TOR should take reference from previous consultancy reports.
TOR are well specified and Project holistic.

Terms of Reference
Dialogue on TOR by GV/BOD/MGT.
TOR prepared in good time.
TOR should take reference from previous consultancy reports.
TOR are well specified and Project holistic.

Conducting of Consultancy.
Consultations with all stakeholders
Consultancy is participatory.
Open and transparent.
Inter-cultural practices are well observed
Consultants are social and hardworking

Discussion of draft findings of consultancy.
Written note after discussion

Reports are usually very comprehensive.

Input papers from “Hints & Good Practices”:
-           TOR
Agreeing on specific terms of reference before consultants come down.

Conducting of Consultancy:
Open questions and dialogue facilitates the consultancy process
The practical approaches – participation nature of some of the consultants.
Frank and honest discussions
Open and transparent
Ask people who know about GDCP for confirmation of information
Inter-cross cultural understandings of each other
Inter-cultural practices are well observed.
All consultants are social and hard working.
Holding wide consultation with all stakeholders – i.e. visiting projects and talking to project implementers.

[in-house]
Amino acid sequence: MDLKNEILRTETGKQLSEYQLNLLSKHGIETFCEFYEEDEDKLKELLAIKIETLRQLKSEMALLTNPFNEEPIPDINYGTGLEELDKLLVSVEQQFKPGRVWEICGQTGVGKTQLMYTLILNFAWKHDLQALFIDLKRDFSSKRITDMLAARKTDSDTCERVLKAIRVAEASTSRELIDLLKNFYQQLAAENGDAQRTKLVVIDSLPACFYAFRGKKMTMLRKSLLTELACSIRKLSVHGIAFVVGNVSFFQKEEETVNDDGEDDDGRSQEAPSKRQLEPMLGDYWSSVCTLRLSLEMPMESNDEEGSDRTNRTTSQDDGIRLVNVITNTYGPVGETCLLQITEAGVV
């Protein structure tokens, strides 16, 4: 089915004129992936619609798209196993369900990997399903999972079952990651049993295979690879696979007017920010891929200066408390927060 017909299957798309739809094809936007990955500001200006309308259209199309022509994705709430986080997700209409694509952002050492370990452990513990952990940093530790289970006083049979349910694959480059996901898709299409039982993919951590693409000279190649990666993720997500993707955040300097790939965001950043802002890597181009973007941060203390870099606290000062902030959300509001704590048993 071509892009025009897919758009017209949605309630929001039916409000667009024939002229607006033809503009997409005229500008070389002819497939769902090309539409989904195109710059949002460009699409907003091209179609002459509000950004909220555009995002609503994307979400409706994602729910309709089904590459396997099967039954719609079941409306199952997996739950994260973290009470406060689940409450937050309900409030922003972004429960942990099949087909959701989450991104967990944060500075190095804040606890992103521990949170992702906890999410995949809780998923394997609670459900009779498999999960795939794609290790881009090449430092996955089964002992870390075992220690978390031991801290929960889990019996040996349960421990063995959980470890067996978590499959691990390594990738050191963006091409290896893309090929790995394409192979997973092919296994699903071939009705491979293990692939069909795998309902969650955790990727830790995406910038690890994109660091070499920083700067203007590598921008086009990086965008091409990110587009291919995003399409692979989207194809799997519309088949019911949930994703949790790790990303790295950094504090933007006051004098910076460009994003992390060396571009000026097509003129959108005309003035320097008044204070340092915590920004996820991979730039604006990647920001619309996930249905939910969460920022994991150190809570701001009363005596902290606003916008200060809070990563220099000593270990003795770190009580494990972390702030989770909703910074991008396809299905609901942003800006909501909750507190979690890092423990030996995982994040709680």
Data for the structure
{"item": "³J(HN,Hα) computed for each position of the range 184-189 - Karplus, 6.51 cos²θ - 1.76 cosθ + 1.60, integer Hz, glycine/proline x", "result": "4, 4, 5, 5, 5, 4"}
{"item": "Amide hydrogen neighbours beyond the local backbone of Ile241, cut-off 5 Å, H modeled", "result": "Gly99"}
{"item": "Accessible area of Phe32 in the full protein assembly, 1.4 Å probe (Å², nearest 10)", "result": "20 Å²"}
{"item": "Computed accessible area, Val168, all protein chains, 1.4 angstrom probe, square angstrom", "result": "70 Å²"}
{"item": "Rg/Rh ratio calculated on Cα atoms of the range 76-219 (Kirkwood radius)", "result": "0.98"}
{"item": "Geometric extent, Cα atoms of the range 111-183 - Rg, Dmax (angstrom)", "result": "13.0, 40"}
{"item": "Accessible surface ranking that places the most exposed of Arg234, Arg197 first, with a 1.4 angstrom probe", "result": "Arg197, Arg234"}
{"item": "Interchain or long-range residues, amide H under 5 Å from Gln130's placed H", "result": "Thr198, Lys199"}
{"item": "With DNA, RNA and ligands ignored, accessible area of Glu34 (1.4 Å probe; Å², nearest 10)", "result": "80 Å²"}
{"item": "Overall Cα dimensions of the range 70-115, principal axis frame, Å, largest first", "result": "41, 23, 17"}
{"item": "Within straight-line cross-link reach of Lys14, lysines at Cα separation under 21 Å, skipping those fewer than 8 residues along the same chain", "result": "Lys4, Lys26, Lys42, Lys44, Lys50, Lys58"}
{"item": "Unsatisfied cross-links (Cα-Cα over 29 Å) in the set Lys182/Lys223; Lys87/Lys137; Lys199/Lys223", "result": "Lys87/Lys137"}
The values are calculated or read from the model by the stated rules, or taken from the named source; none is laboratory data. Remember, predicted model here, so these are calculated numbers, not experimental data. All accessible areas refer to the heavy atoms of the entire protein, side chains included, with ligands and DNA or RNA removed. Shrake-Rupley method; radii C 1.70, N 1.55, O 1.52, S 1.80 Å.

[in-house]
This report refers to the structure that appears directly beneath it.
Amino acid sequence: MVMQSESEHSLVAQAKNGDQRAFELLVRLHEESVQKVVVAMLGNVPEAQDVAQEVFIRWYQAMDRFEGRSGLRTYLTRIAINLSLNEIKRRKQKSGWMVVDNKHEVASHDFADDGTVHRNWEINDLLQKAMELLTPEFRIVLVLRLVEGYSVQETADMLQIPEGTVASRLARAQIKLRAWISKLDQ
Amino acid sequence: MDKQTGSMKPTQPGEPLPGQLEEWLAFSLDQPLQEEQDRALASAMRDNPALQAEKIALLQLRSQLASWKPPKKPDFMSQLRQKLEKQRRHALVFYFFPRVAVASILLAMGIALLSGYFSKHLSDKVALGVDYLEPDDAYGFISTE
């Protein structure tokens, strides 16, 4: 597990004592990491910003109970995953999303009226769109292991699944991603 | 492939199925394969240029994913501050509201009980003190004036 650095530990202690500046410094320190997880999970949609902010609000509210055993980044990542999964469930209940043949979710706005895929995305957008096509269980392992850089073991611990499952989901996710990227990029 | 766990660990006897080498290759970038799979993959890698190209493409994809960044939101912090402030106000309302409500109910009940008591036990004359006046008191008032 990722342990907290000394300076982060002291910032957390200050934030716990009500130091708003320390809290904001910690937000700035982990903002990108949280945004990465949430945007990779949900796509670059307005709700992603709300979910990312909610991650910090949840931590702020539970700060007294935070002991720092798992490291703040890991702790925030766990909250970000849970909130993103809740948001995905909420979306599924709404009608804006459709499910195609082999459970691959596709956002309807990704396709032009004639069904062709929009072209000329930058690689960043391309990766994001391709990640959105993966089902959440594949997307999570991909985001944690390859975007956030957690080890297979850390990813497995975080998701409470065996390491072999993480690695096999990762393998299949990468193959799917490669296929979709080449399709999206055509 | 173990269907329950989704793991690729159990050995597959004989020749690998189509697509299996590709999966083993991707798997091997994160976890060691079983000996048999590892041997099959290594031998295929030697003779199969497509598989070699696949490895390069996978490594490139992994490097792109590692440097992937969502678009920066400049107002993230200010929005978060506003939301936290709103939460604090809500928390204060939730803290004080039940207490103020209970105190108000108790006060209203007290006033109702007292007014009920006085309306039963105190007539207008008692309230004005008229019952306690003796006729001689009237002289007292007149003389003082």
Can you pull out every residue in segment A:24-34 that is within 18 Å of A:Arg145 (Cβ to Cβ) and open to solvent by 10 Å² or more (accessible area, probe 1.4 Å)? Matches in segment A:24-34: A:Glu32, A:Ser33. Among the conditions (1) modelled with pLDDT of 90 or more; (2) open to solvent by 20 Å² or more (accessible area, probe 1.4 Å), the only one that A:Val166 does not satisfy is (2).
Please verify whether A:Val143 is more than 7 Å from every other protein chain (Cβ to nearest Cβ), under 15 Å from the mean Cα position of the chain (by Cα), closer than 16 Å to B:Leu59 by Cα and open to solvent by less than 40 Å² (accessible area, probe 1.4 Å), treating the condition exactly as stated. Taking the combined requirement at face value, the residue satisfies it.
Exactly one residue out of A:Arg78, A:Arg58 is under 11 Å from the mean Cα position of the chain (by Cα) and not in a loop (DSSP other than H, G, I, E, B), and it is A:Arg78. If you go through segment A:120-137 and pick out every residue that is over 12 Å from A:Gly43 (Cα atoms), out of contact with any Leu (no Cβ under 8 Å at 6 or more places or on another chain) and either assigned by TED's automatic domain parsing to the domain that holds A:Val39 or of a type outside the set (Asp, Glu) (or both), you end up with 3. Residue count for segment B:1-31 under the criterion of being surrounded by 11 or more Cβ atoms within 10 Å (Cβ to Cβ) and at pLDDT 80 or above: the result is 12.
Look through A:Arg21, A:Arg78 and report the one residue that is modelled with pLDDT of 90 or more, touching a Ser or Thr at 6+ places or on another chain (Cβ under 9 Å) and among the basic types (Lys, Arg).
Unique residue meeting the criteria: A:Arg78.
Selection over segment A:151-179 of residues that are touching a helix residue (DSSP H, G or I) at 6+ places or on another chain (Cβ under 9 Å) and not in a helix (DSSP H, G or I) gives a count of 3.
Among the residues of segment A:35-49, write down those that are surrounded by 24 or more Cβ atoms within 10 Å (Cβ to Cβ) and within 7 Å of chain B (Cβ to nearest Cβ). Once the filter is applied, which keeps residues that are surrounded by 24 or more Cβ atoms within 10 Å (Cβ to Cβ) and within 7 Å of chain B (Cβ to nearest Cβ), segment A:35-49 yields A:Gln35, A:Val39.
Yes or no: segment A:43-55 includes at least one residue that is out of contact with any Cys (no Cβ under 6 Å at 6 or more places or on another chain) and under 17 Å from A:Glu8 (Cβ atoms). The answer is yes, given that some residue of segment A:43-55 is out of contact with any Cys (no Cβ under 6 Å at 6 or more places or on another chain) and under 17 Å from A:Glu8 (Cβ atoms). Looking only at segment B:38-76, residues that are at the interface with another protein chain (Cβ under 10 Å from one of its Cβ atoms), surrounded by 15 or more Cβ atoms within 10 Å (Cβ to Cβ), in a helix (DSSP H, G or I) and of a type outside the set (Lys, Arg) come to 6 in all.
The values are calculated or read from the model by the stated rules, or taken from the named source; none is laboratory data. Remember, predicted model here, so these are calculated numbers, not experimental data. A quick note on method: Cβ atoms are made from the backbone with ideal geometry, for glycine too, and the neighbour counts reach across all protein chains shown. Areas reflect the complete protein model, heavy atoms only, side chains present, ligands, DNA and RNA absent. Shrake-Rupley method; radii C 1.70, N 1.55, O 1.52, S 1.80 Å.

Debriefing to agree on comments of consultants
Consultants always discuss issues and problems with staff. This always ?? them after the visit.
Debriefing note presented before departure from Ghana.
Discussion of Draft findings of consultancy.

Reports usually very comprehensive e.g. 2001 Accounts consultancy visit.
Consultants are all to know projects status.
Give advice to programme mgt on certain issues.

3. Dilemmas & Unsolved Problems

Issues of Preparation

- Unclear TOR
Are consultants doing advisory work or monitoring or both?
Are consultants for “critiquing” or “criticizing”?

- Inadequacy of information flow from management to

Issues During Consultancy Visit

- Cultural Differences
Concept of time
Interruption of planned programs in response to cultural issues
Cultural (insensitivity, changed to) unawareness?

- Amount of time for consultancy
Some consultancies too short
Complexity of issues

Follow-up issues

- Who takes the final decision on consultancy recommendations?
Status of consultants should be very clear.
How to distinguish between “administrative/technical” and “policy” recommendations?
Who should be the recipient of consultancy report? GV, EC of GDCA, SfL BOD, Embassy?

Input papers from “Dilemmas & unsolved Problems”:

Who is to give final approval of project coordination?

Follow up issues:
-   Not ask to make conclusions during visits.
How to follow-up on the recommendations in the report. EC, GH and GDCP com. may have different points of view of the recommendations. How to solve this dilemma?
The status of the consultant should be very clear.
Is a GV-FV member able to take decisions or ‘only’ to make recommendations?
What is the status of the recommendations of the consultants?
Who is to give final approval to conclusions and recommendations, GV or GDCA?

Unclear TOR
Staff normally unprepared or informed adequately about Agenda of these consultants.
Inform communities about purpose of consultancy.
The purpose of consultancies.
Consultancies “critiquing” or “criticizing”?
Are the consultants doing advisory work or monitoring or both?

Cultural issues:
Cultural differences continuous to hinder(?)
Insensitivity to cultural differences.
Due to the short time of consultancies most problems are not solved since they keep on changing.